If I'm using a spark tester with an adjustable gap set to the correct gap for my car's ignition system voltage, what should the spark look like?
I ask because I've seen conflicting opinions on this matter. For example, this Brigg's and Stratton site says:
A bright blue spark is best. A yellow/orange spark signifies weak ignition. Not true. Spark color determines virtually nothing. The hottest spark is ultraviolet which we can't see. Blue spark is cold in comparison to ultra-violet. Orange and yellow come from particles of sodium in the air ionizing in the high energy of the spark gap.
However, they are talking about small air cooled engines, and are using a specific Briggs and Stratton spark tester with a fixed gap for small air cooled engines, the 19368 model.
Here's another person saying spark color doesn't matter:
I might note though that the very fast, very high voltage sparks in todays systems usually are not blue. Your mileage may vary.
This poster on another site responding to a similar question about the above Briggs and Stratton quote says:
On an automobile ignition system the spark should be bright blue. That's because the compression ratio is higher than that on an air cooled small engine. An automobile engine operates under a transient condition where the RMP's change so fuel demand changes. Where with most air cooled small engines they operate under a static condition or a steady state.
Compression ratio of an engine and the amount of fuel being delivered can have an effect on how well the spark plug fires. This is called quenching the spark. A low compression engine running at a steady state with a constant fuel supply won't quench even a spark plug with a yellow spark. But on an automotive engine with a higher compresssion ratio and under transient conditions the yellow spark can get quenched thereby causing a misfire.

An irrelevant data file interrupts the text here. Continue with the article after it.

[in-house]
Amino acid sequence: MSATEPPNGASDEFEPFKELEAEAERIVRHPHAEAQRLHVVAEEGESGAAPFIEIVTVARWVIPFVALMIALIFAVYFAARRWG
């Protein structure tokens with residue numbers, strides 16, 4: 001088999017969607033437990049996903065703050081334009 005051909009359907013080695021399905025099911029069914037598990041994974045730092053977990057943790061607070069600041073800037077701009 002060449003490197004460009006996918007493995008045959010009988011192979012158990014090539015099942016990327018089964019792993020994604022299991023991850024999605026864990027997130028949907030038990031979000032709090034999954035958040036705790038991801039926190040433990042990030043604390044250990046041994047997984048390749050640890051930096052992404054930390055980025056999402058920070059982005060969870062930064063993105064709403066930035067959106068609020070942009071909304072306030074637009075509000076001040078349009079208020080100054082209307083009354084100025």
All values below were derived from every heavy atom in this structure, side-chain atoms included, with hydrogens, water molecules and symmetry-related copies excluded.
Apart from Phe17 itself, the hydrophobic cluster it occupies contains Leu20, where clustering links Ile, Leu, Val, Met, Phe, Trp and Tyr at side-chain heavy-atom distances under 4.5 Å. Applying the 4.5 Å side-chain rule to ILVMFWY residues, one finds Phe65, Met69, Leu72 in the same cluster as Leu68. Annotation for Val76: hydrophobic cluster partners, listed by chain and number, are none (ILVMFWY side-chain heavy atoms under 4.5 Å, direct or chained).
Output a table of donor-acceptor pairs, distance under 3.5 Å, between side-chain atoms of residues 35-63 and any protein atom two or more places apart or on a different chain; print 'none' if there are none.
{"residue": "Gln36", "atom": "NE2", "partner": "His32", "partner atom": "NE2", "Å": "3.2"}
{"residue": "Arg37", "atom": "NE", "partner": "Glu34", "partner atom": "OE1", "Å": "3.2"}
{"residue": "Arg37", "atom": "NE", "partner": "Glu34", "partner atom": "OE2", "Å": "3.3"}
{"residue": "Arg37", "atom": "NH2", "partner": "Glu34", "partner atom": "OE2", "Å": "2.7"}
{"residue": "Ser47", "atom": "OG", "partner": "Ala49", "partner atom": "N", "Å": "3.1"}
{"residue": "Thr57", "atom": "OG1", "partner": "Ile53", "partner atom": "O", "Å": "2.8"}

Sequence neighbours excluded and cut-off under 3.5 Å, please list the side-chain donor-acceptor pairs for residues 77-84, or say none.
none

Here's another guy saying basically the same thing:
The recommended 7/16" gap has always worked for me on outboard motors. I use mine in line between the spark plug installed normally in the engine and the plug wire. This means that the spark must jump the 7/16" gap and the spark plug gap in the motor while running. You can then also increase engine rpm to verify spark at higher speeds. My experience has shown a strong blue spark with a noticeable popping noise in a healthy ignition. The gap is determined by the amount of voltage generated by the ignition, spark plug gap, and the compression ratio. Most manuals will give an air gap recommendation for a spark test. An air/gas mixture at high pressure creates a much denser gap for the spark to jump then in out in the open.
I don't have the background to tell who's right and was wondering if someone more knowledgeable could give me some verification here.
As a side note 7/16th is about 1.1cm, and the breakdown voltage for air at sea level is about 30kv/cm. Also of note is this answer on the physics stack exchange which says that the blue color of air sparks comes from ionization of nitrogen atoms.
One other point of interest is that the power of light is inversely proportional to it's wavelength, meaning blue light is about 40% more powerful than orange light based on the ratio of their wavelengths.
In fact, someone else has basically asked a very similar question over on the physics stack exchange:
Is their a visual difference between air-gap sparks of the same voltage but different current?
Has anyone had personal experience with seeing a yellow/orange spark, doing a repair and then seeing a nice strong blue spark with a disappearance of the performance problem?